This is an aspect of the feelings of very great importance to us who have the education of children.

    "I do not like you Doctor Fell,
    The reason why I cannot tell,"

is a feeling we all know well enough, and is, in fact, that intuitive perception of character--one of our finest feelings and best guides in life--which is too apt to be hammered out of us by the constant effort to beat down our sensibilities to the explicit and definite. One wonders why people complain of faithless friends, untrustworthy servants, and disappointed affections. If the feelings were retained in truth and simplicity, there is little doubt that they would afford for each of us such a touchstone of character in the persons we come in contact with, that we should be saved from making exigeant demands on the one hand, and from suffering disappointment on the other. The public orator plays, by preference, upon the gamut of the feelings. He throws in arguments by the way: brightens his discourse with graphic word-picture, metaphor, simile; but, for his final effect he relies upon the impression he has been able to make upon the feelings of his audience and the event proves him to be right.

Not only our little nameless acts but the great purposes of our lives arise out of our feelings. Enthusiasm itself is not thought, thought it arises when we are

    "Stung with the rapture of a sudden thought;"

it is a glowing, malleable condition of the forces of our nature, during which all things are possible to us, and we only wait for a lead. Enthusiasm in its earliest stage is inconsequent, incoherent, devoid of purpose, and yet is that state out of which all the great purposes of life shape themselves. We feel, we think, we say, we do; this is the genesis of most of our activities.

But our feelings, as our thoughts, depend upon what we are; we feel in all things as "'tis our nature to," and the point to be noticed is that our feelings are educable, and that, in educating the feelings, we modify the character. A pressing danger of our day is that the delicate task of educating, shall be exchanged for the much simpler one of blunting the feelings. This is the usual result of a system where training is given en masse, but not the necessary result, because the tone of feeling of a head master or mistress is conveyed, more or less, to a whole school. Still, perhaps, the perfect bloom of the feelings can only be preserved under quite judicious individual culture, and, therefore, necessarily devolves upon parents. The instrument to be employed in this culture is always the same--the blessed sixth sense of Tact. It is possible to call up the feeling one desires by a look, a gesture; to dissipate it by the rudeness of a spoken word. Our silence, our sympathy, our perception, give place and play to fit feelings, while they discourage, and cause to slink away ashamed, the feeling which should not have place. But let us beware of words; let us use our eyes and our imagination in dealing with the young; let us see what they are feeling and help them by the flow of our responsive feeling. Words, even words of praise and tenderness, touch this delicate bloom of nature as with a hot finger, and behold! it is gone. Let us consider carefully what feelings we wish to stimulate, and what feelings we wish to repress in our children, and then, having made up our minds, let us say nothing. We all know the shrinking, as of a sore place, with which children receive some well-meant word from a tactless friend.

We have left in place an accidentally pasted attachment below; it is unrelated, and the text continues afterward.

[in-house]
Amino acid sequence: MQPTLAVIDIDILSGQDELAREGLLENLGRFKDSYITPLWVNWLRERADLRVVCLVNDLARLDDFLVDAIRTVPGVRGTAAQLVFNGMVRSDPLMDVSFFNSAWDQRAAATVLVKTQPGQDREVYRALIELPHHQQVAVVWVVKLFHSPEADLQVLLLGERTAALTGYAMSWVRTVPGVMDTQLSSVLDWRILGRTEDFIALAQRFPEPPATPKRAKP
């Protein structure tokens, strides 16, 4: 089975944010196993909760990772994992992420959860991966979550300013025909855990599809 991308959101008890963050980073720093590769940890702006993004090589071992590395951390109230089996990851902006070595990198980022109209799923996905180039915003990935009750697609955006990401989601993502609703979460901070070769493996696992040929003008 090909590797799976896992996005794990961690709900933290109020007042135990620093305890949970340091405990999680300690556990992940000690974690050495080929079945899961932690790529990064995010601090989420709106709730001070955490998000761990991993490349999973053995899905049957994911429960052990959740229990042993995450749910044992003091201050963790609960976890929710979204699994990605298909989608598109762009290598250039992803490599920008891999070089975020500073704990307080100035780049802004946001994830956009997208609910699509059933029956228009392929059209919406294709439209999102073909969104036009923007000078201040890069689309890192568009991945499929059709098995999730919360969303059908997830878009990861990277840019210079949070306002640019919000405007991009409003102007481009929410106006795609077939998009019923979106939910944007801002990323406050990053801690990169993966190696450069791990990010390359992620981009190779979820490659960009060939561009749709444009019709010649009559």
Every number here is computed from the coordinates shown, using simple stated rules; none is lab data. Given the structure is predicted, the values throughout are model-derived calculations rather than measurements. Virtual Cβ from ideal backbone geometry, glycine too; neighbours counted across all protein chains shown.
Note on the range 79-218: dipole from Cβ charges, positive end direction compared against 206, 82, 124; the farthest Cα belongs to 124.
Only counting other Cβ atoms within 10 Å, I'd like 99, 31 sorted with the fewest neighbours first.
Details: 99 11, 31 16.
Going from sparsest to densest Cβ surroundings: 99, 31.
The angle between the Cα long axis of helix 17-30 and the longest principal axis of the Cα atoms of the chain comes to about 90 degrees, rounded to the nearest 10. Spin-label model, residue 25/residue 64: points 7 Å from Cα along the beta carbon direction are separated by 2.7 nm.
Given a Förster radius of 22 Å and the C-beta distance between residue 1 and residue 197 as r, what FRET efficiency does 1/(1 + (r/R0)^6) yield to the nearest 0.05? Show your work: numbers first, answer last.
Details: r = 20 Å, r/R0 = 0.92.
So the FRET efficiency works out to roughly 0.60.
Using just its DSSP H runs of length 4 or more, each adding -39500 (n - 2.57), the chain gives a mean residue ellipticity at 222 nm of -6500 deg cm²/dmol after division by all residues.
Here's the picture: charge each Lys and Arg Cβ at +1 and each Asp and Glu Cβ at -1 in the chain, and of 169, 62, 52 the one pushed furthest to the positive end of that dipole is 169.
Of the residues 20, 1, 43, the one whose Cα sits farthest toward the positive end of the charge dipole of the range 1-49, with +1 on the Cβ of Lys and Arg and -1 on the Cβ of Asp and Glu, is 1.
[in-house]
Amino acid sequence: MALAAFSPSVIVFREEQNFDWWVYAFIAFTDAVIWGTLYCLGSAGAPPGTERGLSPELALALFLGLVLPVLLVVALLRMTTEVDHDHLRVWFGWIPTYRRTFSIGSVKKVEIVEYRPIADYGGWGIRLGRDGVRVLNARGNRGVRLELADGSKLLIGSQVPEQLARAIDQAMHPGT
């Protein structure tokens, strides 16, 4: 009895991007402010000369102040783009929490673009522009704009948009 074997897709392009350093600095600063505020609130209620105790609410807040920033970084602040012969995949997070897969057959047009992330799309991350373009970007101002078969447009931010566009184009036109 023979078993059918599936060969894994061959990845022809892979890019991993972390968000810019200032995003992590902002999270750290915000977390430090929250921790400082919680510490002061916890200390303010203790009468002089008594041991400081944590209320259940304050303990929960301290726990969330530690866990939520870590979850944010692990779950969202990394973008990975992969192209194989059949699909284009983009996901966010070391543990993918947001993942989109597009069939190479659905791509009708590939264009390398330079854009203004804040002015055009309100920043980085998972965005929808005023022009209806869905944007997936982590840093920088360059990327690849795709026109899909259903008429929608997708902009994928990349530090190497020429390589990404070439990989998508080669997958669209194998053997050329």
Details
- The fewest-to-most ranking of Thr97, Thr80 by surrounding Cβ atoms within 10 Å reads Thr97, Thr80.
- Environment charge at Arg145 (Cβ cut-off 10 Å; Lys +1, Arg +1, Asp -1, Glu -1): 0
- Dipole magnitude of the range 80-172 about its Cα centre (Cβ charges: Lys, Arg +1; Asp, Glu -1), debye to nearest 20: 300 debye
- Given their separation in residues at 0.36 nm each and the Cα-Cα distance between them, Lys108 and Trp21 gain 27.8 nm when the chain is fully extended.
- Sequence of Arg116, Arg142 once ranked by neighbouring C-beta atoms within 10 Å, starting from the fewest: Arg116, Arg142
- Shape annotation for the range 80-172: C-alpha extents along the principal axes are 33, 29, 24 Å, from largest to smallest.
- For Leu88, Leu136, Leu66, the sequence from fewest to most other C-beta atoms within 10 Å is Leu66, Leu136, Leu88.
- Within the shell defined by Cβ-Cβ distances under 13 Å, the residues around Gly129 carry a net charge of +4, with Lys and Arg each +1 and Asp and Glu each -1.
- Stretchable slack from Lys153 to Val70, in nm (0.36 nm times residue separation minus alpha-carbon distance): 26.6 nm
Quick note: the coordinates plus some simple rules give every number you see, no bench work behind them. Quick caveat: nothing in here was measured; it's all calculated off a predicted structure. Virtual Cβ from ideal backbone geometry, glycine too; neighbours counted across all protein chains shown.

The sense of spiritual touch is our only guide in this region of the feelings, but with this alone we may tune the spirits of the children to great issues, believing that they are capable of all things great. We wish them to revere. Now, reverence is a feeling before it becomes a thought or an act, and it is a communicable feeling, but communicable like the flame of a torch, only by touch. The sentiment of reverence fills our own souls when we see a bird on its nest, an old man at his cottage door, a church in which have centred the aspirations of a village for many an age; we feel, and the children feel our feeling, and they feel, too: a feeling is communicated by sympathy, but perhaps in no other way. The ignoble habit of depreciation is in the first place a feeling. It is quite easy to put the children into that other attitude of feeling called forth by the fitness and goodness of the thing regarded, and we all know that it is easy to appreciate or depreciate the same thing. These opposed feelings illustrate the importance of the delicate culture we have in view, for among the minor notes of character, none tend more to differentiate persons than this of perceiving cause of dissatisfaction in the same object or person. An appreciative habit of feeling is a cause of tranquil joy to its possessor, and of ease and contentment to the people connected with him. A depreciative habit, on the contrary, though it affords a little pleasurable excitement because it ministers to the vanity of the ego (I dislike this person or this thing, therefore I know better or am better than others), disturbs tranquility, and puts the person out of harmony with himself and with his surroundings; no stable joy comes of depreciation. But even in dealing with feelings of this class, we must remember that tact, sympathy, and communicable feelings are our only implements; the feelings are not thoughts to be reasoned down; they are neither moral nor immoral to challenge our praise or our blame; we cannot be too reticent in our dealings with them in children, nor too watchfully aware that the least inadvertence may bruise some tender blossom of feeling. This is the risk which attends the habit of persiflage and banter in family talk; a little is thoroughly good and wholesome, but this kind of play should be used with very great tact, especially by the elders. Children understand each other so well that there is far less risk of hurt feelings from the tormenting school-boy, than from the more considerate elder.

There is only one case in which the feelings may not have free play, and that is when they reflect the consciousness of the ego. What are commonly called sensitive feelings--that is, susceptibility for oneself and about oneself, readiness to perceive neglect or slight, condemnation or approbation--though belonging to a fine and delicate character, are in themselves of a less worthy order, and require very careful direction lest morbid conditions should be set up. To ignore wisely is an art, and the girl who craves to know what you thought of her when she said this or did the other, need not be told brutally that you did not think of her at all; it is quite enough for her to perceive that your regard is fixed upon something impersonal both to her and you; she takes the hint and looks away from herself, and nothing is said to cause her pain. It appears to be an immutable law that our feelings, as our sensations, must find their occupation in things without; the moment they are turned in upon themselves, harm is done. The task of dealing with the susceptibilities of young people is one of the most delicate that falls to us elders, whether we be parents or friends. Undiscriminating sympathy is very perilous, and bluntness of perception is very damaging; we are between Scylla and Charybdis and must needs walk humbly and warily in this delicate work of dealing with the feelings of children and young people. Our only safeguard is to cherish in ourselves "the soft, meek, tender soul," sensitive to the touch of God and able to deal in "soft, meek, tender ways" with children, beings of fine and delicate mould as they are.

[Being "between Scylla and Charybdis" is like being between a rock and a hard place. They were two mythological sea monsters that guarded the Straits of Messina, one that crushed ships against the rocks, the other that sank them in a whirlpool.]

Proofread by LNL, Oct. 2020